The right way to hang toilet paper

There is no denying that the matter of how toilet paper should be hung is controversial. We're talking about the kind of controversy generated by the chicken-and-egg discussion or the white-gold/black-blue dress debate. Even Oprah Winfrey has weighed in on The Great Toilet Paper Debate, calling herself "an over girl." As proof to support Oprah's preference, her researchers produced a copy of the toilet paper patent showing that the original design had the paper hanging over, not under.

Couples and housemates may have long decided to agree to disagree over their preferences of how toilet paper should be hung, but homemaking experts are opting to take guidance from the hospitality industry to find out if there is a "right" way to hang a roll of toilet paper, and that way, experts say, is over. Sorry, Team Under!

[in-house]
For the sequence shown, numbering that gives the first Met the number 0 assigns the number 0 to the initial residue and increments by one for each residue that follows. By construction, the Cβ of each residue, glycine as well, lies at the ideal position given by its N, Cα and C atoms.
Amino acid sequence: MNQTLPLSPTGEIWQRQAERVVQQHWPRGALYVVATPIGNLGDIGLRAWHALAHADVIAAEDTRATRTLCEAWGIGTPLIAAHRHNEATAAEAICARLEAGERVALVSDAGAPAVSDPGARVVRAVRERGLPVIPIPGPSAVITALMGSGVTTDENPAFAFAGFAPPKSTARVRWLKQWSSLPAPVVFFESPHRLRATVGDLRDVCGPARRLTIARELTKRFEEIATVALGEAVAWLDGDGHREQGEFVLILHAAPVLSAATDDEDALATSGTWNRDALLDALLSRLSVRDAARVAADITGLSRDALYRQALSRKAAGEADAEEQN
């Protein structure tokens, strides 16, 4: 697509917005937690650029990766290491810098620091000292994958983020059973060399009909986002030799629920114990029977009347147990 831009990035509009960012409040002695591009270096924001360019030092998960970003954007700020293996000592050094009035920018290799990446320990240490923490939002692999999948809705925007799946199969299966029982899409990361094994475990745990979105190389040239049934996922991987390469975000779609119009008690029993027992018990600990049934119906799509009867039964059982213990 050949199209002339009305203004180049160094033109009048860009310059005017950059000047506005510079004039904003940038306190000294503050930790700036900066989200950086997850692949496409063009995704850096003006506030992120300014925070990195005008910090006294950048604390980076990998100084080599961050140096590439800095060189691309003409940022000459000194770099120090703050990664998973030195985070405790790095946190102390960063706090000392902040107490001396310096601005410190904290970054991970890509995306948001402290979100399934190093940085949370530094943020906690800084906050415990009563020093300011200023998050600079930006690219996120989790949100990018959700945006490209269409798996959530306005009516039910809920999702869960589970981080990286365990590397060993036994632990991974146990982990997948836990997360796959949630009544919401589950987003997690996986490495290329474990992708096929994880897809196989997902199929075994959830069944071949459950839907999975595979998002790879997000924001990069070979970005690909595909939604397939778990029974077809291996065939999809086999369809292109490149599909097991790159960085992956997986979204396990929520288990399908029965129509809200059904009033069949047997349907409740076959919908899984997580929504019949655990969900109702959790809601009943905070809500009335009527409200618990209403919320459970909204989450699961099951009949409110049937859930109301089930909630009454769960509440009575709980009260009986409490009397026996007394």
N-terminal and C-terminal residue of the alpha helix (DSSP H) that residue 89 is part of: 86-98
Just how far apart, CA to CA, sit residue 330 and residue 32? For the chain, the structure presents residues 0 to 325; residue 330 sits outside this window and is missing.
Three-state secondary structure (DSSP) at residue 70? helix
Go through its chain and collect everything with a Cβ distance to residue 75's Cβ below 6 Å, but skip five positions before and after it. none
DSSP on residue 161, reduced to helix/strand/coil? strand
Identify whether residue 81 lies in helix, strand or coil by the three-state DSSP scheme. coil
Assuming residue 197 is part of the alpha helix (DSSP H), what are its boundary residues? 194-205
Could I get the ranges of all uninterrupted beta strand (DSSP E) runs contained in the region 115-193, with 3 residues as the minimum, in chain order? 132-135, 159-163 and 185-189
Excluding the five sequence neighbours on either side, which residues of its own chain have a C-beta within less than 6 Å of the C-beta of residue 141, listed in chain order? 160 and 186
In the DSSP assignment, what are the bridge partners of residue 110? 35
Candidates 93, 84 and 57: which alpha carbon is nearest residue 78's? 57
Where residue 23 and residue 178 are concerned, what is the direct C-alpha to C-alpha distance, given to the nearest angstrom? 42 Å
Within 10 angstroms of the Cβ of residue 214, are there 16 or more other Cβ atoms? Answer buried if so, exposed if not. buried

Here's why you should drape your toilet paper over

But why put so much weight on what hotels do? Good Housekeeping's home design director Sarah Richardson says because "hotels can't be wrong — they replace toilet paper more than anyone. Plus, if you place [the paper] under, you can't do the fancy fold at the end of the paper." 

Michelle Exhume, a Cleaning and Home Products Lab analyst at the Good Housekeeping Research Institute is also Team Over; she doesn't like the idea of having the paper sitting close to the bathroom wall because it risks germ contamination. Exhume says she even changes the roll's direction if someone puts toilet paper in the other way. And her germ fear is justified. Researchers in 2011 identified as many as 19 types of bacteria in public restrooms. The microbial communities were prevalent in three areas: on surfaces associated with toilets, those on the floor of restrooms, and surfaces normally touched with hands. 

These are all great endorsements for Team Over, though it's still likely people will continue to hang toilet paper in the direction they are most accustomed to having it.